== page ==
A Grandpa's View Of A Home Run
The triple is the most exciting hit in baseball, except for the rare inside-the-park homerun. After trailing by as many as eight runs, my grandson's Little League team was catching up having scored four runs in the final inning. Trailing by three, the tying run was at the plate in the form of my grandson. All three had to score due to the five run rule - a stop in the action without a homerun would end the game. The sun that was in his eyes all game long as a catcher and hitter had gone below the mountains. He stepped up to the plate. He could see. The pitch. A swing and a miss.
The crowd had grown as the three other games at the park were over. Baseball aficionados and friends from the other games were lingering to watch this game wrap up. Strike two. Another healthy swing. The kind of swing that appears to be three-quarter speed, the visual effect common to the power hitter as opposed to the quick flick swat of a contact hitter.
There was murmuring in the crowd as the pitcher wound up. The underdogs were ahead and this was the last strike pitch. The pitch. The swing. The CRACK of the bat! As one the crowd inhaled, in awe, as the ball arced high towards right field. Silence continued a moment as the ball began to drop. Then it hit between the outfielders and rolled.
The roar erupted and grandson rounded first. Runner scored from third. Coaches yelling, "Run!" "Throw it!" as they tried to score runs or get an out to end the game depending on which dugout they were yelling from. Grandson rounded second with a bit of a stumble but not a wobble as he clearly had a goal of reaching the pentagon known as home plate.
Another run scored. The ball was thrown to an infielder. The fans were yelling ... some the roar of fan excitement... others pleading/coaching their players to do their will. No drops by the defense. The ball was steadily moving towards home through a series of players. As it was youth play, every throw and catch was in itself a suspenseful act.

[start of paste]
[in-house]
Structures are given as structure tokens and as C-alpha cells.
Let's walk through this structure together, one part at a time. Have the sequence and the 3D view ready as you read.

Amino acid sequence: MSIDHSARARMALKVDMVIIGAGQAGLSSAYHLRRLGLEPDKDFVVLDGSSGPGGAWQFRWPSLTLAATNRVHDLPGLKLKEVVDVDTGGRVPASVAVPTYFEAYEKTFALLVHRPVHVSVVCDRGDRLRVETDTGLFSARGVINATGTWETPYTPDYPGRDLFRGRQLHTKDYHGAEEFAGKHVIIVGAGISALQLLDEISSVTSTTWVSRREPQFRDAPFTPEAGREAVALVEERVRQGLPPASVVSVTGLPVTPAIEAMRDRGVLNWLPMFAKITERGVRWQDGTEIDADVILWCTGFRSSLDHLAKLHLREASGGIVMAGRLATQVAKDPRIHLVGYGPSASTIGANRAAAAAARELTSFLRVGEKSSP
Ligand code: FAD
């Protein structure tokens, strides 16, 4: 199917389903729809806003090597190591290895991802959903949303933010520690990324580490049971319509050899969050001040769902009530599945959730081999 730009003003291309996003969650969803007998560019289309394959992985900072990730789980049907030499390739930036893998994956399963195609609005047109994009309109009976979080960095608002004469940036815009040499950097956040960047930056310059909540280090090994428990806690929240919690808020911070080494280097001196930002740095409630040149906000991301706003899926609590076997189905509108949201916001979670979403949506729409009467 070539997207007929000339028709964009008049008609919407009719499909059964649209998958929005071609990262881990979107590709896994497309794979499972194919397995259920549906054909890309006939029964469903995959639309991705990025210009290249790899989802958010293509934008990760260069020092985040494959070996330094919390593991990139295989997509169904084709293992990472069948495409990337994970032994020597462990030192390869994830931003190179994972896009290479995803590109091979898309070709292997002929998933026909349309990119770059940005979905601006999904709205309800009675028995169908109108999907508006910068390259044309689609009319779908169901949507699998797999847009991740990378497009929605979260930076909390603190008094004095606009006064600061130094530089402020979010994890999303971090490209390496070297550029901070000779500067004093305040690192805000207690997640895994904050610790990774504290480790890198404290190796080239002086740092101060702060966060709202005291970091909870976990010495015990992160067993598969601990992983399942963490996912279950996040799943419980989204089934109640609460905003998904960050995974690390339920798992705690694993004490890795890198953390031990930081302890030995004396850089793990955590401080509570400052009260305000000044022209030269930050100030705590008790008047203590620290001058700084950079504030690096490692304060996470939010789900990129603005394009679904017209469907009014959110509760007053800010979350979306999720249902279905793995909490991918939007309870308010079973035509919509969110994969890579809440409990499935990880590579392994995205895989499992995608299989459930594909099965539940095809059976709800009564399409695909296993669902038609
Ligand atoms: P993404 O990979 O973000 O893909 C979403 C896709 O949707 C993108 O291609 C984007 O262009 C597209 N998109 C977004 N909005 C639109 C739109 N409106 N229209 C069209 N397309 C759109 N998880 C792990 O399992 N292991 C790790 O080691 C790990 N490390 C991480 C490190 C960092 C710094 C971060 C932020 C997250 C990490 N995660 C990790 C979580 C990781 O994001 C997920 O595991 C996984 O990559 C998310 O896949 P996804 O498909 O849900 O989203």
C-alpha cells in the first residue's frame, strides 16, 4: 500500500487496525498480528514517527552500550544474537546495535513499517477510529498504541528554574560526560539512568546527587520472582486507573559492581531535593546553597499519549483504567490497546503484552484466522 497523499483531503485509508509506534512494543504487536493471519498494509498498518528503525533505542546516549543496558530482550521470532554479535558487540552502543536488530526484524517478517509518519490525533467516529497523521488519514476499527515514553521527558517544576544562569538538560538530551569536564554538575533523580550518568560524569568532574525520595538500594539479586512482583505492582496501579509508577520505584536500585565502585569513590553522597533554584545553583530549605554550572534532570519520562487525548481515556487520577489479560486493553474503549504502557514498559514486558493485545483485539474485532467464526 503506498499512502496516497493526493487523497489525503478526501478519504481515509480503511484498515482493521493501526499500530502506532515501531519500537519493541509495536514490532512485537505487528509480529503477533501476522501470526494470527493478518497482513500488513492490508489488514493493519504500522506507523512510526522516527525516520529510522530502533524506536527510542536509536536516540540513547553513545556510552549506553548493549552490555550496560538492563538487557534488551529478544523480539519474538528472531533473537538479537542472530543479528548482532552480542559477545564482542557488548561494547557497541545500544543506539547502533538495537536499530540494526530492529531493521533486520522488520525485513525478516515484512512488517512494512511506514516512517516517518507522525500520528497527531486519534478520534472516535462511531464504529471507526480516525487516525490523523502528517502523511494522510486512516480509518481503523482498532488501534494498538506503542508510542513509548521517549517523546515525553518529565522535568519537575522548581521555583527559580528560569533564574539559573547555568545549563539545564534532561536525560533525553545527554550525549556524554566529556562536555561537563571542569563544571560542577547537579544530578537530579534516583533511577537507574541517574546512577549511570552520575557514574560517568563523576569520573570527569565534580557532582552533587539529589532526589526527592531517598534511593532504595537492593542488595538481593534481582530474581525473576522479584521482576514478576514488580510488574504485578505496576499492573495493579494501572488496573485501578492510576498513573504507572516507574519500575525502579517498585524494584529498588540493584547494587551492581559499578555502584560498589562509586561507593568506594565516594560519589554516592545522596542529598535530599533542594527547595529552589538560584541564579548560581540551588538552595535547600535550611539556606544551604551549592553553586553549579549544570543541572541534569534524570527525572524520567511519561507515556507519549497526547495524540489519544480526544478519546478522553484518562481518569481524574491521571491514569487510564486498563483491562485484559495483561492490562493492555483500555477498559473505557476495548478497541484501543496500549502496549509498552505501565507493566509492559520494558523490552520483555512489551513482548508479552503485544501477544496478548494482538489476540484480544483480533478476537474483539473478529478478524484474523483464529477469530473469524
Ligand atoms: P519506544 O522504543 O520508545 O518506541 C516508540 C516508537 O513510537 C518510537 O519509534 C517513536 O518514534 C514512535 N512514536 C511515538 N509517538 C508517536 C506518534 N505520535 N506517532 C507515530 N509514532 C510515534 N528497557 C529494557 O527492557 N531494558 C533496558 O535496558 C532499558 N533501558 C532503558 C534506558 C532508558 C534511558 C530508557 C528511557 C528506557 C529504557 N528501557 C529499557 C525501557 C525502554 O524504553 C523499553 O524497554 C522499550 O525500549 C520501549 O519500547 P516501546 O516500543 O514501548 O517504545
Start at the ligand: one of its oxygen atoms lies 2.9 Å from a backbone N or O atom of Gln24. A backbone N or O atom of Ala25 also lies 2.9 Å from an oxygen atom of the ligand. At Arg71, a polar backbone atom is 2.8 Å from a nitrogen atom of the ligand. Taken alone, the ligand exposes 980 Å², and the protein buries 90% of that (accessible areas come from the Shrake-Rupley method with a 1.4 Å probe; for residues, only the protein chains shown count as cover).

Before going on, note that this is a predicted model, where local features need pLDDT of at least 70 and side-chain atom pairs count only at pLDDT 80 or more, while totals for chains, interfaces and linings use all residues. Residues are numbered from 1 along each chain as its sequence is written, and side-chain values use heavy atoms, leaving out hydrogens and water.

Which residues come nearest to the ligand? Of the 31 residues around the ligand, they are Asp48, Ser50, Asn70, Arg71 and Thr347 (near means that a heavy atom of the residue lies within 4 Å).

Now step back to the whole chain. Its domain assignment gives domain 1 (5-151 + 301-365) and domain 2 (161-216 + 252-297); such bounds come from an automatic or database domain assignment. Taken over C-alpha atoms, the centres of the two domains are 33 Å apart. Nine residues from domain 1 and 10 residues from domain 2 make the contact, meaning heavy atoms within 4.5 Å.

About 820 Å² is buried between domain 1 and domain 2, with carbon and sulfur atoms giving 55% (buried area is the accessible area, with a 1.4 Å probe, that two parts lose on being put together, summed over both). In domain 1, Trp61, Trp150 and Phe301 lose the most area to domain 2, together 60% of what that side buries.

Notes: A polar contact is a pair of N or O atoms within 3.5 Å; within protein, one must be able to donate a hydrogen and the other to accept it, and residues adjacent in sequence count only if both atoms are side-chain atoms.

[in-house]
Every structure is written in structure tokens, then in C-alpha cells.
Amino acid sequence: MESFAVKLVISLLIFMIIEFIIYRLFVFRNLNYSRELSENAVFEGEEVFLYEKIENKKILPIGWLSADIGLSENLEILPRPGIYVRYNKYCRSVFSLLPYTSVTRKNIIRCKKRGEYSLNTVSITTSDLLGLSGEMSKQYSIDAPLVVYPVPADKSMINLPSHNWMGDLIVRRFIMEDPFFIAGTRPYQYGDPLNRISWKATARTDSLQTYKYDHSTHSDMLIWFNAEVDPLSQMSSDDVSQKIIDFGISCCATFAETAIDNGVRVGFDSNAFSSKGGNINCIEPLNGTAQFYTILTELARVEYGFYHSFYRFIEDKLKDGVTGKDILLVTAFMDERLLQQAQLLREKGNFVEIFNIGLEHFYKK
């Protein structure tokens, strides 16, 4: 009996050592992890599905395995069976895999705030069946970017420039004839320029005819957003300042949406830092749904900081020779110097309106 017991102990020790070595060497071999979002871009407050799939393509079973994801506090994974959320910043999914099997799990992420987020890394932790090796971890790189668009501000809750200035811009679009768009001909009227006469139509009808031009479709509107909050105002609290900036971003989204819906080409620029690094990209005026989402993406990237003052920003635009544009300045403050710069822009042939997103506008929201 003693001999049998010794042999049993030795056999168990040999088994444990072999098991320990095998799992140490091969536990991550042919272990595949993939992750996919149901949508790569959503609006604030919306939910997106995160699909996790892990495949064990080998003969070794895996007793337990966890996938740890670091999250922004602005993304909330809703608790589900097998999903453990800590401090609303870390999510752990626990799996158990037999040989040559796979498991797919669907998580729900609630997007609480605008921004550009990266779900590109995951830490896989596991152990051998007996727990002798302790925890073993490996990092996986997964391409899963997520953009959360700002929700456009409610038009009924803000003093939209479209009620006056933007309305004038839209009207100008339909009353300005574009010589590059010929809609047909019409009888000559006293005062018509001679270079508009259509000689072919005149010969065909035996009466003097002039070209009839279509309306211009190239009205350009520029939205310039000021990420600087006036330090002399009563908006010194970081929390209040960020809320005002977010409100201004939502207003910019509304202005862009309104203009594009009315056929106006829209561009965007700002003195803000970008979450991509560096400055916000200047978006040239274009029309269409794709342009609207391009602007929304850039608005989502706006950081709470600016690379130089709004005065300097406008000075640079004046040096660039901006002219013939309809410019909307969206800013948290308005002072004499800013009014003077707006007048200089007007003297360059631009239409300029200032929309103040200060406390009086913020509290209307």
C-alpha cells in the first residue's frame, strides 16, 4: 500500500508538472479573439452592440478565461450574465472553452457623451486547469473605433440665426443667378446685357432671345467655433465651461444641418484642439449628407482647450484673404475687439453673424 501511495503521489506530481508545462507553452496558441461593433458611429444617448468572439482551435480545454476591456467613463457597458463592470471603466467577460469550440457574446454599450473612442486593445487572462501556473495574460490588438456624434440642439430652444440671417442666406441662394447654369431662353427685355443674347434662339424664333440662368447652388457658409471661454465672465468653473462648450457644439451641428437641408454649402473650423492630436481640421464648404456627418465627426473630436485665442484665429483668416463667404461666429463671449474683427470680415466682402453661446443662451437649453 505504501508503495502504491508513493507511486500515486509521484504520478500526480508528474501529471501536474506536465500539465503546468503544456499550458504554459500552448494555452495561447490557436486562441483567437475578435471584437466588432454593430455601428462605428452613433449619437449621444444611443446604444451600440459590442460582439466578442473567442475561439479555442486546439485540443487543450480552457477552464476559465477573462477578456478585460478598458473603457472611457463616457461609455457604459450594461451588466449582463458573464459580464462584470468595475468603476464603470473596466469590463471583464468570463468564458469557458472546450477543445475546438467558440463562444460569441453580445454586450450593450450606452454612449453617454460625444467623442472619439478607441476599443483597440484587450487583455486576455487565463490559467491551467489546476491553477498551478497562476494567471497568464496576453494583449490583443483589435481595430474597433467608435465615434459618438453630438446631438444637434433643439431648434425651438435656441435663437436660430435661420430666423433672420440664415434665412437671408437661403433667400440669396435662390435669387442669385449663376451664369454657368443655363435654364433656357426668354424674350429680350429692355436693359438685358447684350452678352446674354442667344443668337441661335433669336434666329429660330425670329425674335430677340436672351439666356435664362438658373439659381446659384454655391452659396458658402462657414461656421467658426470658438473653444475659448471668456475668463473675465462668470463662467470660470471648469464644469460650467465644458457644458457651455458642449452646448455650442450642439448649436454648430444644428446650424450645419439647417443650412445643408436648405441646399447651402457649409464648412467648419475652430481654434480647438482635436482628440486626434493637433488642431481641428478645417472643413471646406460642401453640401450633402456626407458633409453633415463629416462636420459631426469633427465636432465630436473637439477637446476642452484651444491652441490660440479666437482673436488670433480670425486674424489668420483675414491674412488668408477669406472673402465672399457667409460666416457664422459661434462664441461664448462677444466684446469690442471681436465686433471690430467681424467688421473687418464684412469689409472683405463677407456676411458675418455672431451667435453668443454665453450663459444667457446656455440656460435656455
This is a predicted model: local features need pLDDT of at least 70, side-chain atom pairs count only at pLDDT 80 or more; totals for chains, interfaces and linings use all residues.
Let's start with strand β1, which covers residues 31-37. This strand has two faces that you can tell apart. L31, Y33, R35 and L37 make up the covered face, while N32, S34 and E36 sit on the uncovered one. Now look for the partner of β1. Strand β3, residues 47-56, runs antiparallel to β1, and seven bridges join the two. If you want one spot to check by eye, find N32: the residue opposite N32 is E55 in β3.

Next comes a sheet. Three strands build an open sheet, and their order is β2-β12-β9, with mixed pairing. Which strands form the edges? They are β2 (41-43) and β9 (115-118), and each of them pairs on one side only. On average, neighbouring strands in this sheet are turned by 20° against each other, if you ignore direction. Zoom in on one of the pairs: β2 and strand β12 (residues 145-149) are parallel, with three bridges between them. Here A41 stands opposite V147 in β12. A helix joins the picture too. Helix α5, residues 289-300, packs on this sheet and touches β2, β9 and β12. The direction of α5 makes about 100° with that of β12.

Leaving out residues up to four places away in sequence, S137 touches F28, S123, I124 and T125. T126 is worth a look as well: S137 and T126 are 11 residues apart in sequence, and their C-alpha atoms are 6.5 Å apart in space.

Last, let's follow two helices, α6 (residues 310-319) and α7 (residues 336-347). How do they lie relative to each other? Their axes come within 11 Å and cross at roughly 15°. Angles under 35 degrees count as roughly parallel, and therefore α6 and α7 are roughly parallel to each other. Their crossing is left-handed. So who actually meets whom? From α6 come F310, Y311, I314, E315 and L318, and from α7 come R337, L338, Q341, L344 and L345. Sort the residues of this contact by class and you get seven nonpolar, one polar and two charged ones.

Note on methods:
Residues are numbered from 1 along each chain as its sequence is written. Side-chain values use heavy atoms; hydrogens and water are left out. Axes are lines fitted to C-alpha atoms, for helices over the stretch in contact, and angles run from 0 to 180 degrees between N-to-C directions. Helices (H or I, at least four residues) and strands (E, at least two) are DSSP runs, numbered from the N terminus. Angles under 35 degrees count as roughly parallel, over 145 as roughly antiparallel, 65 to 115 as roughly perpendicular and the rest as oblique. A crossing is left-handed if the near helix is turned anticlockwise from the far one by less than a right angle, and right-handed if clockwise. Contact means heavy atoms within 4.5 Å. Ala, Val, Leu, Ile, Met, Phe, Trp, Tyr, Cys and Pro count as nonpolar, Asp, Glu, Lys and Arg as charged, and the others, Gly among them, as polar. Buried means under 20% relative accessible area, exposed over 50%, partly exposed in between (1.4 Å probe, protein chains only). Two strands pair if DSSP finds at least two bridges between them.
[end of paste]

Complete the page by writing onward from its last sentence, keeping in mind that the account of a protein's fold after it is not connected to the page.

Rounding third in fluid motion sped grandson. At a full run with desire in his eyes, he was not going to quit. The throw to the catcher... the turn to make the tag... just a fraction of a second late as the sliding runner had pointed his cleated toe with a perfect low slide that seemed to furrow the basepath until gravity ruled and the momentum was stopped with just a cleat and an ankle where grandson wanted them... safe at home.
Everyone roared and clapped for both sides. The game went an extra inning. We lost the game but all were winners in a bigger sense. Everyone in the Park that night left with a glow knowing that they had just witnessed their child's growth, the education of life values. Perseverance, commitment, discipline, teamwork, and more, kept both teams in the game to the very end. Everyone, too, knew that they had experienced baseball at its best. Two hours of methodical ennui with a sudden explosion of high action and emotion. All were happy to be a witness to and a part of the action.
In a moment's time I went from thinking of the Mighty Casey when grandson had two strikes to watching him rise from his scoring slide and run to his teammates with outstretched arms and a smile that seemed wider than his ears. Regardless of what he does the rest of his baseball career, this 10 year old has a lifetime memory of a grand moment in time... as does his Grandpa. Youth sports are a wonderful thing for everyone - the athletes, their coaches, families, friends and the administrators that work so hard to facilitate the sporting opportunities for them.
Thank you Carson Valley Little League for the experience and memories.
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